Everyone's Upset Over High Gas Prices -- Including Environmentalists

Column written by James Baughn on Thursday, July 6, 2000

from the maybe-there's-oil-deposits-in-the-bootheel dept.

You might expect that hard-core environmentalists would be happy to see gas prices jump this summer, as that means people will drive less and use more public transportation to save money. Not so. From Al Gore saying that affordable gasoline is a right of every American, to the hordes of eco-freaks paying extra to drive to seminars and conventions, nobody is happy about the oil crunch. Except, of course, oil company executives, but all the money they are raking in might not save them from angry mobs of motorists out for blood.

You might also expect that sales of more fuel-efficient vehicles would increase, supplanting those Sport Utility Vehicles that get 1.5 miles per gallon on a good day. Not so. State law says that, at a four-way stop, the vehicle with the largest tires always has the right-of-way. So naturally SUVs are preferred over anything else. People also like to buy them in the hopes of taking them off-road (i.e. the "Sport" and "Utility" part), although studies have confirmed that when SUVs leave a paved road they have a tendency to flip over and explode. Or get stuck in the mud due to their sheer weight.

You might, then, expect that people who could afford SUVs wouldn't whine about gas prices since they are obviously rich. Not so. Lots of people take out three or four mortages -- and then get some more cash at one of those fly-by-night post-dated check-cashing businesses -- so they can afford the down payment on one of these beasts. The typical Missourian invests more money in their ride than their house (although "invest" isn't the right word; you'd be better off "investing" $30,000 in the lottery). Therefore, the increase in gas prices forces many families to make a choice between their vehicle(s), satellite dish(es), house, beer supply, and food. Food and housing are often first to get the axe.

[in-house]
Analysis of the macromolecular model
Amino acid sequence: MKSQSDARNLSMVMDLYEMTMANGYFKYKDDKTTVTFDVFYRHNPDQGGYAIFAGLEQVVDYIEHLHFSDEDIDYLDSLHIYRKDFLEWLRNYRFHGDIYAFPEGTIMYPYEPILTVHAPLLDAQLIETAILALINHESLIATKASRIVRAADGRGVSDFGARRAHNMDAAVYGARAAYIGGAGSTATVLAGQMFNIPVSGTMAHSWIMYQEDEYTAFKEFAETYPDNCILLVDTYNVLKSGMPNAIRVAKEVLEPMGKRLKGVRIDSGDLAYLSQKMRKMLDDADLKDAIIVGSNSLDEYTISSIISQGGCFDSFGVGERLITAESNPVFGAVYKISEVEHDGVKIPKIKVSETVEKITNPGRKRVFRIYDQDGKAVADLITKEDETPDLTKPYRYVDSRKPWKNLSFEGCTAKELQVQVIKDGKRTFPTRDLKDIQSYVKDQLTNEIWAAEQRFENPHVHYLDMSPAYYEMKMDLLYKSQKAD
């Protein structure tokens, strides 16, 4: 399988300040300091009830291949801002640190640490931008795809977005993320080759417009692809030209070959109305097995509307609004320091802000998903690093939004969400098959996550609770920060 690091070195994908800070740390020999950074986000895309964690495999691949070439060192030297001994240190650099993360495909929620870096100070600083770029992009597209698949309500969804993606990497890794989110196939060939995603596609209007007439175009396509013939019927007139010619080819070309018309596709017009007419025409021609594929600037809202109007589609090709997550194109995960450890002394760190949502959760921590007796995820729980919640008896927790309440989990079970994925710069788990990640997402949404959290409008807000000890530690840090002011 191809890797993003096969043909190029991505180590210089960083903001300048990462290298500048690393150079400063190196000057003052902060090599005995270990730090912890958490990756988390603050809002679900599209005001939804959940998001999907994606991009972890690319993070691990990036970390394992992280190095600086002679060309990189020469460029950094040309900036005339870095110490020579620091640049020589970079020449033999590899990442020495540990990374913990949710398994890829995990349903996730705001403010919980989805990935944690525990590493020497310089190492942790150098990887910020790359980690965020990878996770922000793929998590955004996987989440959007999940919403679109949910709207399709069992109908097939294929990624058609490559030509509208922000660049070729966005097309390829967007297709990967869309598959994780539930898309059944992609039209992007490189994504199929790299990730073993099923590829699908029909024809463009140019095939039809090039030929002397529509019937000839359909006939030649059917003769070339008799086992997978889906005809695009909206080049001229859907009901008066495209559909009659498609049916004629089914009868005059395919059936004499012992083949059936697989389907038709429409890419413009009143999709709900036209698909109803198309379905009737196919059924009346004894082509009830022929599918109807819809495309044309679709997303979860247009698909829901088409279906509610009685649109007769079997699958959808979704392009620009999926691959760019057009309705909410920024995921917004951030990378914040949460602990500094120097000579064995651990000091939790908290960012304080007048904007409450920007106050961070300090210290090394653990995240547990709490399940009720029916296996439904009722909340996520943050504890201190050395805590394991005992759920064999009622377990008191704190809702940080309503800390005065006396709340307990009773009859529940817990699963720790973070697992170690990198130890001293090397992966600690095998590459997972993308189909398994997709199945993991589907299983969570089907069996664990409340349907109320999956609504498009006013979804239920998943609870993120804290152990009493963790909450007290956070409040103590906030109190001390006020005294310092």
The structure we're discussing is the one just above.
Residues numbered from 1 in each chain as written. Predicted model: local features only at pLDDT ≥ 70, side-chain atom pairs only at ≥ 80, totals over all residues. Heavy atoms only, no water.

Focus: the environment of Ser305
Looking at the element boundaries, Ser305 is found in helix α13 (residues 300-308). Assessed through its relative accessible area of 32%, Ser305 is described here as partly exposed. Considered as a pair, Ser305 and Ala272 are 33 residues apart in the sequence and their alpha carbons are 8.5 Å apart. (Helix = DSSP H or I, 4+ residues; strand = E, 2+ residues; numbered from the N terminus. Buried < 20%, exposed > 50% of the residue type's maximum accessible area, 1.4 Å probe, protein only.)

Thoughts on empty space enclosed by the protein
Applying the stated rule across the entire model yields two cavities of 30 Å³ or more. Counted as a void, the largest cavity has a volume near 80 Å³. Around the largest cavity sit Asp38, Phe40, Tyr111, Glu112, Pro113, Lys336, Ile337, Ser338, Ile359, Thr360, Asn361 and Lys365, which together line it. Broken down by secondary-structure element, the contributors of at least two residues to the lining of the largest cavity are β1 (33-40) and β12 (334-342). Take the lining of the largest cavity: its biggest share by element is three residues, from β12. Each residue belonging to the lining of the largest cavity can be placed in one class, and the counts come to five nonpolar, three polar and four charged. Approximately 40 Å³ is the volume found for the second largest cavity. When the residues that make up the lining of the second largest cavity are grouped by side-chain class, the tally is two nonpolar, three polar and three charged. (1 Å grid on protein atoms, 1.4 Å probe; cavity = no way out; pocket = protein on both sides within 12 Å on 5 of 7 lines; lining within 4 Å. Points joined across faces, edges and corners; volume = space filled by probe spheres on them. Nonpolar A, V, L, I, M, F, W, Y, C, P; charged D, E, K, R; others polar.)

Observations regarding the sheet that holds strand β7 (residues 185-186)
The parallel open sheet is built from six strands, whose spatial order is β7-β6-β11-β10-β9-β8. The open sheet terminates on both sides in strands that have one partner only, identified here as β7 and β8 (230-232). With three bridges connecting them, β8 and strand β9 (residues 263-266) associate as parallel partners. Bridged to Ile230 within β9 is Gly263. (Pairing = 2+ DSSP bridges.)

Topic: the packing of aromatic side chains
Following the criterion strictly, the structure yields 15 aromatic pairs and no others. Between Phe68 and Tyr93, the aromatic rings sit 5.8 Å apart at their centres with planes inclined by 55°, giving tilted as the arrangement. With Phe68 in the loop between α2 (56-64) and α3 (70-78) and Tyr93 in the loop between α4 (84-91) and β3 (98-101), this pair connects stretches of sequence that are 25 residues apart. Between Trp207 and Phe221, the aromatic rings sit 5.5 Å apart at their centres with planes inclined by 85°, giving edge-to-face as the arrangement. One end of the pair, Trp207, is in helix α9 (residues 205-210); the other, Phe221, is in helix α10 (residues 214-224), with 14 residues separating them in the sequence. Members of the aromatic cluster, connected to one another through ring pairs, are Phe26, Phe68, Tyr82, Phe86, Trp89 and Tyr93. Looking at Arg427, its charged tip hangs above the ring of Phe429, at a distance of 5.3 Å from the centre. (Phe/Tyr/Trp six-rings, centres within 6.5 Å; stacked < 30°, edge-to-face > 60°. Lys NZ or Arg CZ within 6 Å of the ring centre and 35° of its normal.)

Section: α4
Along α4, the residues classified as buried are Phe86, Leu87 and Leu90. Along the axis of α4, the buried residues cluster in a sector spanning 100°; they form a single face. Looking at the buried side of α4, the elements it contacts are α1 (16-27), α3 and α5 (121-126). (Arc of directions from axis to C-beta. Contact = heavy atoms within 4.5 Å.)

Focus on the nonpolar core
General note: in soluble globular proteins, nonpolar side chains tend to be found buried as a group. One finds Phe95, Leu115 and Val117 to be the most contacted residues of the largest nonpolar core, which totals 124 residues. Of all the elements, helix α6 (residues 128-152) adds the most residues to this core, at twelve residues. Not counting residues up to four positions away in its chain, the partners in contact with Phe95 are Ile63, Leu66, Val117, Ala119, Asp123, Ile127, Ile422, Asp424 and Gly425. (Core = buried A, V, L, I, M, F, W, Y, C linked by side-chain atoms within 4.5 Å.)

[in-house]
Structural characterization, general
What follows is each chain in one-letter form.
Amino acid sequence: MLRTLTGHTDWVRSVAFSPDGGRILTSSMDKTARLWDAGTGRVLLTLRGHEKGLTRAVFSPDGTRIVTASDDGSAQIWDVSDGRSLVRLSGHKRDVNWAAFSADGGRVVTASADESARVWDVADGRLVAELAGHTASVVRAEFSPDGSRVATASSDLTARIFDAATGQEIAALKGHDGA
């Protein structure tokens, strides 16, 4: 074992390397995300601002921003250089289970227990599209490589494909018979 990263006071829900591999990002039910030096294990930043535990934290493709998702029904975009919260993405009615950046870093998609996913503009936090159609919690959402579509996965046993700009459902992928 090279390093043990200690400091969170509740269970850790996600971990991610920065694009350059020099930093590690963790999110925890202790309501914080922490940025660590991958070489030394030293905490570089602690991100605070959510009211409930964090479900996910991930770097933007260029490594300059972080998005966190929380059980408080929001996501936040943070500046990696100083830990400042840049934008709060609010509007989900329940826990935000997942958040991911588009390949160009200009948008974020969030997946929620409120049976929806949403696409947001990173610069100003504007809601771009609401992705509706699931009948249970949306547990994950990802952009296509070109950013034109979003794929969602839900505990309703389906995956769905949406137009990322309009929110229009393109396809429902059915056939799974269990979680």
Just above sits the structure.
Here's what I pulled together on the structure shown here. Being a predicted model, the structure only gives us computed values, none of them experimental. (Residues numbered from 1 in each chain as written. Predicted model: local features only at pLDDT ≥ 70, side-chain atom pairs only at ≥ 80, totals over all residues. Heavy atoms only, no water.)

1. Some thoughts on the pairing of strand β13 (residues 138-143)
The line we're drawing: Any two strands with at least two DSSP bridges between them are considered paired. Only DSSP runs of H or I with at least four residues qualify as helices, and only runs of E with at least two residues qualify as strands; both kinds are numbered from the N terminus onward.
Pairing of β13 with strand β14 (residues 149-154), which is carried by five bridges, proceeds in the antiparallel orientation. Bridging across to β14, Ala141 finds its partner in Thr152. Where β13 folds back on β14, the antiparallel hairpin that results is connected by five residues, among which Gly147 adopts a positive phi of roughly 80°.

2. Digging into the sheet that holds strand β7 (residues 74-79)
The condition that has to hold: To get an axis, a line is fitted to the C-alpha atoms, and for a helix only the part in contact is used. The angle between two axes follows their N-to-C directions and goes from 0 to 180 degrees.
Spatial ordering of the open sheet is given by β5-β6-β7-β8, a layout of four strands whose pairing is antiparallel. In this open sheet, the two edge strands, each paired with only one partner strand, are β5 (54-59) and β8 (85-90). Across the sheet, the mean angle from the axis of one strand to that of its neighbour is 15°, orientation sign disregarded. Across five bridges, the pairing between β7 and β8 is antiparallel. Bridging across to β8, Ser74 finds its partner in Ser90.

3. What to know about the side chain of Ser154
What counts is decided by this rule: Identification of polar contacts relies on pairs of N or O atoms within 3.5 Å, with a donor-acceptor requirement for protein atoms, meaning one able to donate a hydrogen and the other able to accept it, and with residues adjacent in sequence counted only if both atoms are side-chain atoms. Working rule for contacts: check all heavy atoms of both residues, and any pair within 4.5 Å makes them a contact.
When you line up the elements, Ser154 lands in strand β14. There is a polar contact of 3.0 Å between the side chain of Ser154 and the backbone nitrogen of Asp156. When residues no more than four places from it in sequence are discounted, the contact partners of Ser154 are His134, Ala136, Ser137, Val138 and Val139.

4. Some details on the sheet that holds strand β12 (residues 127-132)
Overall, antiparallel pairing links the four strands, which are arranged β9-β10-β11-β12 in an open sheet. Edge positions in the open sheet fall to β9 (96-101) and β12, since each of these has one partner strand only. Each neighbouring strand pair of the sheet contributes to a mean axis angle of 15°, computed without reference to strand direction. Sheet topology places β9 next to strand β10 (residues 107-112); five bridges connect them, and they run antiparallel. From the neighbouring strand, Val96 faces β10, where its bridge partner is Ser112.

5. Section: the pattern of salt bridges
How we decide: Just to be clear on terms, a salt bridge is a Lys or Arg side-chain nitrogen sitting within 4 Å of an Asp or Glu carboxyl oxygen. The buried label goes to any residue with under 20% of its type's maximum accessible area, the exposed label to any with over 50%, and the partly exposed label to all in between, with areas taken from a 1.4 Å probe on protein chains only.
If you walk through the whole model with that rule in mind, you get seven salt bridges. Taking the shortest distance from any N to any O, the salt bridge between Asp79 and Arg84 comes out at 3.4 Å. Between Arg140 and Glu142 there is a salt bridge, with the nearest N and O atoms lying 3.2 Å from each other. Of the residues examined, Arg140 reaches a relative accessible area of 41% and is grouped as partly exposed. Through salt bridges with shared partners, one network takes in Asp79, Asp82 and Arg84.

Finally, you might also expect that motorists would conserve gasoline and drive less to save money. Not so. Crowds of drivers are willing to wait in huge lines at gas stations offering "99 cent" gas or another such publicity gimmick. Of course, they wait with their motors running to prevent anybody from cutting in line. In the quest to save a buck they lose several. It's also become a Cape Girardeau tradition to drive miles and miles to Jackson or Fruitland to save a buck or two on gas. Here the same problem applies; you'll burn more gas at red lights on Highway 61 (a new stoplight is erected every week or so in Jackson, after all) than you save, even if gas is 20 cents cheaper at Uncle Bob's Ultra-Cheap Basic No-Frill Cash-Only Guzzle-N-Save Generic-Brand Gas-O-Rama Station.